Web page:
I have been a  huge fan of Simona Halep since her junior days.  I have followed her career. Watched her rise to be in the top 10 of women’s tennis.  I have watched her evolution as a player.  I have been there through the disappointments. I have been there through the victories.  I get annoyed when she plays lights out against my favourites, only to falter against those who are not as good.

This year I watched the French Open and while I had pegged Ostapenko to do very well, I have to confess that I, like many, did not expect her to win.

I don’t know if many people remember this, but Simona Halep used to be a bit of a hot head.  She would throw tantrums on court.  She was “emotional” because she expected so much of herself.  She was fiery and that is what I loved most about her.  One of my faovurite Simona moments was when she made her way through qualifying all the way to the semifinals of Rome, taking out some incredible clay court players along the way.  During that tournament, she played amazing tennis.  Her balance on the court, as well as her shot selection was superb.

Then came the super coaches.

They bulked her up.  They unbulked her up.  They made adjustments to her serve to make it bigger and when that failed, they went for consistency of serve over power.  They tried to take her from playing 10 feet behind the baseline to a player who was coming to the net.  When that failed, they wanted to make her aggressive and when that failed, they sit in the stands with a look of amazement on their collective faces and wonder what went wrong.

Last night (28 August), Simona Halep, in the same way that Katniss offered herself as tribute for her sister Prim (Hunger Games), was put in the lions den of Arthur Ashe stadium as tribute to the return of Maria Sharapova, for a ratings pull and for the narrative of mentally tough opponent overcoming all kinds of obstacles to reach the second round of the US Open.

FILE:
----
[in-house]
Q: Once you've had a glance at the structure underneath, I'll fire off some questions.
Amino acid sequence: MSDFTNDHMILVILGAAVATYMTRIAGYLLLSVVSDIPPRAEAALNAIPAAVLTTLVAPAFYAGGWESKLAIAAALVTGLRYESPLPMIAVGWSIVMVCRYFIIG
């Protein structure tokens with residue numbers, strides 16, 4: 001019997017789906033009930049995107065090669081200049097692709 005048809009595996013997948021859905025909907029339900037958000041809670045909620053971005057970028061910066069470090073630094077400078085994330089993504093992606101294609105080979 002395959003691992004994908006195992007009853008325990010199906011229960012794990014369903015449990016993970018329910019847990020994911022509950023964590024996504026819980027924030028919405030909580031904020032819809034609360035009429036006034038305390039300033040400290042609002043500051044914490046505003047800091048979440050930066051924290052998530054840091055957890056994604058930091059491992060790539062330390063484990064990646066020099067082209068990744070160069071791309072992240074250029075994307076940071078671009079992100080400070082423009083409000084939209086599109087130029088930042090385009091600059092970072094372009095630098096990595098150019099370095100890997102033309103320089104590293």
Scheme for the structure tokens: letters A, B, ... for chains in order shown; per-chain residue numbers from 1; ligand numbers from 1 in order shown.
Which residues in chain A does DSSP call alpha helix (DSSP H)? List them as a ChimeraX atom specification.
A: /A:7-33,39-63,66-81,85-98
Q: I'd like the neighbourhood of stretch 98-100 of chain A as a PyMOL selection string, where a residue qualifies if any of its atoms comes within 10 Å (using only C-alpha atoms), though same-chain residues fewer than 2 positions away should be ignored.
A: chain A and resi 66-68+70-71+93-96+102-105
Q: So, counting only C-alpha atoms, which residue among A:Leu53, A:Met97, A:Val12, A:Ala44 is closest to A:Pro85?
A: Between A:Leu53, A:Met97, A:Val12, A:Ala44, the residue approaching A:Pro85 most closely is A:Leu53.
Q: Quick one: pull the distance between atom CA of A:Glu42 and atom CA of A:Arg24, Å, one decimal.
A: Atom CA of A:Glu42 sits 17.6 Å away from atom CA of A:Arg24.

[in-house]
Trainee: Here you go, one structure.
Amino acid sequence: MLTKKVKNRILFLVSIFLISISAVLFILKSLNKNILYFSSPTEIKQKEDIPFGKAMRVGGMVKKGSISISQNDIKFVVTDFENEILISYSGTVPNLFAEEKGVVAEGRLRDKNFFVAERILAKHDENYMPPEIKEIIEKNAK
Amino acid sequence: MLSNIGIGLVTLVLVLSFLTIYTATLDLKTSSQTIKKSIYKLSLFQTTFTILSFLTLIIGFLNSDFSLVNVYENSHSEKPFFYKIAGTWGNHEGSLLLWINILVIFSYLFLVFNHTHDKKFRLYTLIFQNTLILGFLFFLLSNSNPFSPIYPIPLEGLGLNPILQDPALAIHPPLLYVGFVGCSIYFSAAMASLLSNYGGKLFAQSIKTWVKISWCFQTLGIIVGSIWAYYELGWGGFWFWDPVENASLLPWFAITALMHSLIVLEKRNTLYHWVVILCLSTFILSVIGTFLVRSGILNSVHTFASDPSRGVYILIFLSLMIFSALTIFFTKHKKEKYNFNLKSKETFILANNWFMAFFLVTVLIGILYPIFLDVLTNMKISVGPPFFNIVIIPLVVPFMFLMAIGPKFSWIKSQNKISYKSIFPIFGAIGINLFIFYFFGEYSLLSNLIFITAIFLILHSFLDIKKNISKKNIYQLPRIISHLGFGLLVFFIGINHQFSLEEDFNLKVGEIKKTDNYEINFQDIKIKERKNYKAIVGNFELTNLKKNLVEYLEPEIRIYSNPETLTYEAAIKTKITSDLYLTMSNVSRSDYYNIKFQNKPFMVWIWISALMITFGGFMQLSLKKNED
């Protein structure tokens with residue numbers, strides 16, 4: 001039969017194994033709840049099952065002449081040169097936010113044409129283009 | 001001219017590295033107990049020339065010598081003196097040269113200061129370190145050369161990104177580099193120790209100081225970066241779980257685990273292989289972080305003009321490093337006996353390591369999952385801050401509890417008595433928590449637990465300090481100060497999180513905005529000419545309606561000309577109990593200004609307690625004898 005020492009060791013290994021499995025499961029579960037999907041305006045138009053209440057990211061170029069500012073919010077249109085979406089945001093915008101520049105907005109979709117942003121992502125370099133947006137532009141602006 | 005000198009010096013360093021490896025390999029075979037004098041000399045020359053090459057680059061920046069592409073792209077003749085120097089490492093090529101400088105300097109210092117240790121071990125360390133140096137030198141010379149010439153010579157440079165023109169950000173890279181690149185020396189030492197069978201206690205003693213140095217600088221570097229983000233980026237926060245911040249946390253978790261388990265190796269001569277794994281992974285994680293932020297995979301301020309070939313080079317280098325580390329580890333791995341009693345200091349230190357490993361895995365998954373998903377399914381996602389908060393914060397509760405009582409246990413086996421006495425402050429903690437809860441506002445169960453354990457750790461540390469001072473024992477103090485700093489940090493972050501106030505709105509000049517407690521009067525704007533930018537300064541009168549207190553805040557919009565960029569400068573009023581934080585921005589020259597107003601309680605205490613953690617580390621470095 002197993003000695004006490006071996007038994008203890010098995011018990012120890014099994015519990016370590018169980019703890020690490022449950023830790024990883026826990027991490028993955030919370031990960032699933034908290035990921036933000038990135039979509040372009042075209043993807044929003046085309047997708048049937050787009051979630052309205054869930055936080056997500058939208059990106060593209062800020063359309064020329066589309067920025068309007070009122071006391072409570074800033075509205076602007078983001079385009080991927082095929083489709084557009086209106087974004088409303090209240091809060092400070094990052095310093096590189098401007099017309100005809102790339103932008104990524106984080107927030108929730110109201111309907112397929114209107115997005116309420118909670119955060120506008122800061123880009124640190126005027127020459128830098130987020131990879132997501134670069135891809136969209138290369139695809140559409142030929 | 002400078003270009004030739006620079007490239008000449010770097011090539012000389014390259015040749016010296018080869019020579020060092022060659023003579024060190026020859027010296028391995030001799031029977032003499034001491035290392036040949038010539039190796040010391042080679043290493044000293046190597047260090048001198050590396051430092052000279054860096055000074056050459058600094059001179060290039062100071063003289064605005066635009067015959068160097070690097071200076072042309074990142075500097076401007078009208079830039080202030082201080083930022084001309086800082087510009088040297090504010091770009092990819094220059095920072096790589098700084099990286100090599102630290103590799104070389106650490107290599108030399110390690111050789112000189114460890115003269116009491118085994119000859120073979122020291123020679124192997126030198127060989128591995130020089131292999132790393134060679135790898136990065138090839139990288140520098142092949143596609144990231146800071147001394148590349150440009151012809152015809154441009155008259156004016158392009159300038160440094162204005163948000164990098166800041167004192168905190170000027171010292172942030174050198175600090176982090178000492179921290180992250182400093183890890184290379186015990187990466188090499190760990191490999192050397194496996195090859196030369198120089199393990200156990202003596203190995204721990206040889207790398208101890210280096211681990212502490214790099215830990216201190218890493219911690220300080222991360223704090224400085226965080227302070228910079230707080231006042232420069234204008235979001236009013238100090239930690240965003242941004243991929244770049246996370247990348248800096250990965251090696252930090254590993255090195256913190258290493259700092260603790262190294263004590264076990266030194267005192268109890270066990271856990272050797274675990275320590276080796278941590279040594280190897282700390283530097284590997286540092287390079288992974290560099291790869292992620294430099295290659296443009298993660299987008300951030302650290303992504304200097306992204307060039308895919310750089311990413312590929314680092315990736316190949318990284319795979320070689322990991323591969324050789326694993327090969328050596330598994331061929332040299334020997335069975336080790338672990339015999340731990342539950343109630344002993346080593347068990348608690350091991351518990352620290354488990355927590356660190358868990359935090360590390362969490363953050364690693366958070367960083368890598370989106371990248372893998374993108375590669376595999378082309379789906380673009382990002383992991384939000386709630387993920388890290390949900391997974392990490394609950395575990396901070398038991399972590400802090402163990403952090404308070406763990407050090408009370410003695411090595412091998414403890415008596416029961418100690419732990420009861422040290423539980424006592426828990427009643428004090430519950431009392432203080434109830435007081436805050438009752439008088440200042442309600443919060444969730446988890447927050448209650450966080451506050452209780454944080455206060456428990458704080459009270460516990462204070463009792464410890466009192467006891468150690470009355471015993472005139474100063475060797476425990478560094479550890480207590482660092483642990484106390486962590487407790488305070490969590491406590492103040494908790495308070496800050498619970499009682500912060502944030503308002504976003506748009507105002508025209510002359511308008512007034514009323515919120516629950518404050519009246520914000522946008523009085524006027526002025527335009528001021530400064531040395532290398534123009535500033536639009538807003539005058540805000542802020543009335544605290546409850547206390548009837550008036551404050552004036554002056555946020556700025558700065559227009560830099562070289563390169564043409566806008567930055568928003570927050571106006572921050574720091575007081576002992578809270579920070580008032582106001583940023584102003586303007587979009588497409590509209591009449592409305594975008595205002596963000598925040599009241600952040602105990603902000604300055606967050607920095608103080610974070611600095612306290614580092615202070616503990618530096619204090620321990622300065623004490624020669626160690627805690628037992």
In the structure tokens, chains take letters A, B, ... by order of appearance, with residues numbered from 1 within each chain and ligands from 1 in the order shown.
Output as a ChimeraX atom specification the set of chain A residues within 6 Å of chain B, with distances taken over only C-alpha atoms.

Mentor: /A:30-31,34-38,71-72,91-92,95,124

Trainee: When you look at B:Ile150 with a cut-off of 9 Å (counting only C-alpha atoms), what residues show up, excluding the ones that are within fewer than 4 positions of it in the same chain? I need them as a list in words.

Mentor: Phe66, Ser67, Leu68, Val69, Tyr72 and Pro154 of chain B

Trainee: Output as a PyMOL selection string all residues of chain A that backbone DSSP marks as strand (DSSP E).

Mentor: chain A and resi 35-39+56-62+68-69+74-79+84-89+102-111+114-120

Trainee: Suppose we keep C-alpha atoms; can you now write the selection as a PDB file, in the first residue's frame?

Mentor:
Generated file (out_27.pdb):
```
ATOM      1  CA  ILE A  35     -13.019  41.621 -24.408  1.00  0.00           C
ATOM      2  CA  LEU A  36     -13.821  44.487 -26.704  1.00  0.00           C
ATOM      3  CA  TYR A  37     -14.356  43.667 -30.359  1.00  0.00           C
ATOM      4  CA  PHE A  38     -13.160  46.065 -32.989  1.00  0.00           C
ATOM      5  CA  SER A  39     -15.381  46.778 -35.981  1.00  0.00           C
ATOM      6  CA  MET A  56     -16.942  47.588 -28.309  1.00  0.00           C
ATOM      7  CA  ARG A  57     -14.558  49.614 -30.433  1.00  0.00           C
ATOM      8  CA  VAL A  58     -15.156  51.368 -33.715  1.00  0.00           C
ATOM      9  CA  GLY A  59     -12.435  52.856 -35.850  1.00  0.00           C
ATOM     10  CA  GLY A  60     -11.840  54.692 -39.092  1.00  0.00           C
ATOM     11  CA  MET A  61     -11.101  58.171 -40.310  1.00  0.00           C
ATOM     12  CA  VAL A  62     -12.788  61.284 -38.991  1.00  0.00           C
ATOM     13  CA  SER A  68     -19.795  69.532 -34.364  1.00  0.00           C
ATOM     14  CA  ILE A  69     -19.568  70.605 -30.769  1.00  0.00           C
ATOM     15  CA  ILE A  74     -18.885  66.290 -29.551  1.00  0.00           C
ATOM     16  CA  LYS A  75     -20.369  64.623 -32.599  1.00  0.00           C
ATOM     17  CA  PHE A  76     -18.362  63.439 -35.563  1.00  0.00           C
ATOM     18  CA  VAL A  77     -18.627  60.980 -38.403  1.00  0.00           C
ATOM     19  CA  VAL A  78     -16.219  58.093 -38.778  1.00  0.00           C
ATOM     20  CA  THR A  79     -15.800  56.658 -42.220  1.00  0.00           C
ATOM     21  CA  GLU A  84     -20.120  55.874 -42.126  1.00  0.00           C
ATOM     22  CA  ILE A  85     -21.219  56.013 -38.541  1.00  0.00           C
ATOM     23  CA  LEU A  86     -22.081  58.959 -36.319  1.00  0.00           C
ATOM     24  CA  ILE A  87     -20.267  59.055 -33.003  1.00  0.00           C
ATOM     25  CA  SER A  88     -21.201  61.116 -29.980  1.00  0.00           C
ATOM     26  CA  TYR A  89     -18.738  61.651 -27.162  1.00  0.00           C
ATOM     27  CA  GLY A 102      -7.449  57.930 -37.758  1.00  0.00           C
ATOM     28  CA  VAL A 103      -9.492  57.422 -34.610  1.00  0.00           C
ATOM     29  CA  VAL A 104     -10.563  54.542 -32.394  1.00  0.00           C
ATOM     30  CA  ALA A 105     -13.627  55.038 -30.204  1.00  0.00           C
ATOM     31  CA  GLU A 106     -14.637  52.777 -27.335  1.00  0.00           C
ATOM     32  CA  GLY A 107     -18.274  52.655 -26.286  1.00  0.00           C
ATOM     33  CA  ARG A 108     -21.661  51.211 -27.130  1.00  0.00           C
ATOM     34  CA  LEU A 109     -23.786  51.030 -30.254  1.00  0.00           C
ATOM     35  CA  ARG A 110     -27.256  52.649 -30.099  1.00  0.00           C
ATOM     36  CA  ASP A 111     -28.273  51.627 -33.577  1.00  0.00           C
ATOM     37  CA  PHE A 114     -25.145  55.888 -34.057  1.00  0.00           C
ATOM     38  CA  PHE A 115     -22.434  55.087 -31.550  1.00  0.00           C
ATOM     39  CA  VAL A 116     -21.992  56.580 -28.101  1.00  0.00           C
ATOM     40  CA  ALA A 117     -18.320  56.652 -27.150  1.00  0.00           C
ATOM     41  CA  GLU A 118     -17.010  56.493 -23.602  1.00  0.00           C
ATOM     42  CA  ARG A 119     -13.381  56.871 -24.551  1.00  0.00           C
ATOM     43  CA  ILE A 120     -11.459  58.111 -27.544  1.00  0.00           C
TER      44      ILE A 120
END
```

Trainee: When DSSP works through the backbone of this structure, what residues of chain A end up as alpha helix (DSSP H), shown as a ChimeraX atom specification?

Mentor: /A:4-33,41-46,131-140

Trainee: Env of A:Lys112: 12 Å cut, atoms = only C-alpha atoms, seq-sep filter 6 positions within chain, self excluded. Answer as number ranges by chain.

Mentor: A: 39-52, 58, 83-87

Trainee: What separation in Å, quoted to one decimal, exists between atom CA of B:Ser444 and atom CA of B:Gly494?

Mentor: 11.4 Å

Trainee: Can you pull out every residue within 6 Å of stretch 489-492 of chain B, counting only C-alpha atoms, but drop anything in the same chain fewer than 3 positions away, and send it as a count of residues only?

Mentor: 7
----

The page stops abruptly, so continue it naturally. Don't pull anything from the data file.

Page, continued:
During last night’s commentary no mention was made that the reason why Sharapova was out for 15 months was due to a doping violation.  The “injuries” which led to her pulling out of 3 tournaments for which she had received underserved wild cards was however used as talking point fodder in order to project that she had overcome challenges.  This is what tennis does.  This is what tennis has always done and this is what tennis will always do.

Anti doping is a joke best left to comedians on Saturday Night Live. There are many who think that those of us who are hell bent on seeing Sharapova run out of the sport do not believe in redemption.  Frankly, there is not a bigger believer in redemption than me.  As someone who has gone through her own struggles and who has benefitted from being redeemed, I am a big believer in giving people a second, third and even a fourth chance.  However, in order for someone to be redeemed that person has to first of all own up to their wrongs.  They have to look everyone in the eye and say without equivocation that what I did was wrong and I am sorry. There is no but, or  however, or attempt to point and/or assign blame. You admit your wrong and you try to move on.  Sharapova has not done this.

I don’t think there is any tennis fan who would ever say that Sharapova has not been a great champion.  She is a fighter and that is what is so weird about this whole doping issue.  If Sharapova had gone the route of qualifying to enter a Major, I don’t think anyone would ever have been of the view that she was not deserving of her place in the draw.  The fact is that she did  not and it just adds to the whole issue of what her PR team puts out (hard worker) to the reality of the situation (willing to get a leg up).

Sharapova and her PR team craft her own narrative with the aid and assistance of the tennis media.  She is without a doubt the Ivanka Trump of tennis and the tennis media have colluded with her and her PR team to the detriment of the sport.

Day One Review

Separate and apart from the Halep match, there were other interesting matches from day one.  Venus Williams struggled through a 3 set affair with a player most folks had never heard of in Victoria Kuzmova.  The youngster played very well, out acing Venus along the way.  However, in the long run, she not only ran out of gas, but ran out of big serves.  She is definitely one to watch for the future and one can only hope that she sticks around.

Alexandra Krunic, Fed Cup stalwart, and forgotten Serbian, took Britain’s Joanna Konta out of the race for No.1 by defeating her in 3 sets.  Konta joins Halep as the first top seeds to exit the tournament.